Self-Propagating Worm Created to Target Generative AI Systems

Researchers have developed a self-propagating worm dubbed “Morris II” specifically designed to target generative AI systems. This worm aims to exploit vulnerabilities within GenAI ecosystems, potentially spreading malware and extracting personal data. The research paper outlines how the worm utilizes adversarial self-replicating prompts to manipulate GenAI models into carrying out malicious activities. Unlike traditional malware, Morris II operates “passively” moving to new targets without requiring further action from the attackers, a technique referred to as “0-click propagation.”

The worm primarily targets GenAI-powered email assistants equipped with auto response functionality. By crafting messages containing adversarial self-replicating prompts, attackers prompt GenAI models to generate responses that unknowingly engage in malicious activities. These activities may include spamming or exfiltrating sensitive user data, such as email addresses and phone numbers, extracted from the context provide in the query.

Security Officer Comments:
The study evaluates the effectiveness of Morris II against various GenAI models, and open source large language models. The researchers assess the worm’s capabilities in terms of carrying out malicious activities and spreading to new hosts. Researchers warn that this approach could potentially lead to cyber attacks targeting the entire GenAI ecosystem.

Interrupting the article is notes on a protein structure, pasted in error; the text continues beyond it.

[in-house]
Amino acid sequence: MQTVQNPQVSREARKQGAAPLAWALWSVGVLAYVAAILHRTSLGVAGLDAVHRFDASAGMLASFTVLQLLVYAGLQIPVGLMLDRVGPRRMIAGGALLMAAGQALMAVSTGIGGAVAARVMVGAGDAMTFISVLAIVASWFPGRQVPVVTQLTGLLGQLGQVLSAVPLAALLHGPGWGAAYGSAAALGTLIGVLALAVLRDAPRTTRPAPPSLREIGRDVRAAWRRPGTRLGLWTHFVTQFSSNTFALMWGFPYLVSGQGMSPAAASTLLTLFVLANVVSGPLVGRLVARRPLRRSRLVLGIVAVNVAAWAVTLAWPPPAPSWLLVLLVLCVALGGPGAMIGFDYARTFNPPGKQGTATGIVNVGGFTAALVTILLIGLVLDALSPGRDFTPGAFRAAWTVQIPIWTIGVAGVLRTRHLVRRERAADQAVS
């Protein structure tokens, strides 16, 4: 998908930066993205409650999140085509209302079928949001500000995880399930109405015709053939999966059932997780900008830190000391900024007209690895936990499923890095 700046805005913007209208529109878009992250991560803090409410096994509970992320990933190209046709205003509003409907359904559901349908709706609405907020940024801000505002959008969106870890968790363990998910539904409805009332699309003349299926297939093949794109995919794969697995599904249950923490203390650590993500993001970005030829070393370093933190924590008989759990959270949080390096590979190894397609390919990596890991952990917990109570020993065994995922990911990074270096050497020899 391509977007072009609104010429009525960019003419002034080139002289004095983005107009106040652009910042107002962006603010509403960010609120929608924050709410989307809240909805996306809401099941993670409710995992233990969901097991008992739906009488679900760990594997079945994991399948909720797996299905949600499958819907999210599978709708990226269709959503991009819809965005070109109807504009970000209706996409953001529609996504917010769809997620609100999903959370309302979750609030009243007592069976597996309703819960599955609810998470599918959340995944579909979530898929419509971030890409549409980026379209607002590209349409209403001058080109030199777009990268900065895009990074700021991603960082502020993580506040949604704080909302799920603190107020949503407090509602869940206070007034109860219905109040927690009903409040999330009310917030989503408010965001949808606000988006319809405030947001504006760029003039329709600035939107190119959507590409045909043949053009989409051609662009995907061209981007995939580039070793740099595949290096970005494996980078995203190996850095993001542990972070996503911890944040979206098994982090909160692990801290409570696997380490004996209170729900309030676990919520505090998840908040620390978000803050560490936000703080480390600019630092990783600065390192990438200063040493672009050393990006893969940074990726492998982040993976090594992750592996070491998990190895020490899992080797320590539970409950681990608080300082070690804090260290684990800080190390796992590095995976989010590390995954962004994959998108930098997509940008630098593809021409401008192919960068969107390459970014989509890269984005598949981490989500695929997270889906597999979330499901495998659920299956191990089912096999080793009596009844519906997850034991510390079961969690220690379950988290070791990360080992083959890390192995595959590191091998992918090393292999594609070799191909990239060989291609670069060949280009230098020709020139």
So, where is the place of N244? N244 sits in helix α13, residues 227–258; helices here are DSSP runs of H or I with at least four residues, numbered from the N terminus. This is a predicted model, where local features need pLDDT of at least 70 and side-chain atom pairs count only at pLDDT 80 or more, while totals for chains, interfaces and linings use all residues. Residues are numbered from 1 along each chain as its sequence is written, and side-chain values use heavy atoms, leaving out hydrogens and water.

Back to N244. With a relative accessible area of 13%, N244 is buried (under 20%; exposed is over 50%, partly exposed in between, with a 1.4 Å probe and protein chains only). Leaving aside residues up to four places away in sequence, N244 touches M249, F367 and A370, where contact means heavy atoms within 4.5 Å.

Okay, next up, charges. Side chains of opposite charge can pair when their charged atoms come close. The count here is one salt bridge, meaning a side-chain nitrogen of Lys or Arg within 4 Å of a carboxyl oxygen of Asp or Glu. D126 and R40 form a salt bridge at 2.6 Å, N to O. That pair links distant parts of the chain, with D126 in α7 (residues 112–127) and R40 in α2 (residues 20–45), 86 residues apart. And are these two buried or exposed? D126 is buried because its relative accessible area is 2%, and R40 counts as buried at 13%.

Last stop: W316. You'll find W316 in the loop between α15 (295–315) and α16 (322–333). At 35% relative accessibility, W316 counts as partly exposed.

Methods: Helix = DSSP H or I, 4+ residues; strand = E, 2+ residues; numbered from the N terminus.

Suggested Corrections:
To mitigate this threat recommendations include:
  • Rephrase the entire output in GenAI models to ensure the output does not consist of pieces that are similar to the input and do not yield the same inference
  • Implement countermeasures against jailbreaking to prevent attackers from using known techniques to replicate the input into the output
  • Use techniques developed to detect malicious propagation patterns associated with computer worms. For the RAG-based worm, the easiest method is to use a non-active RAG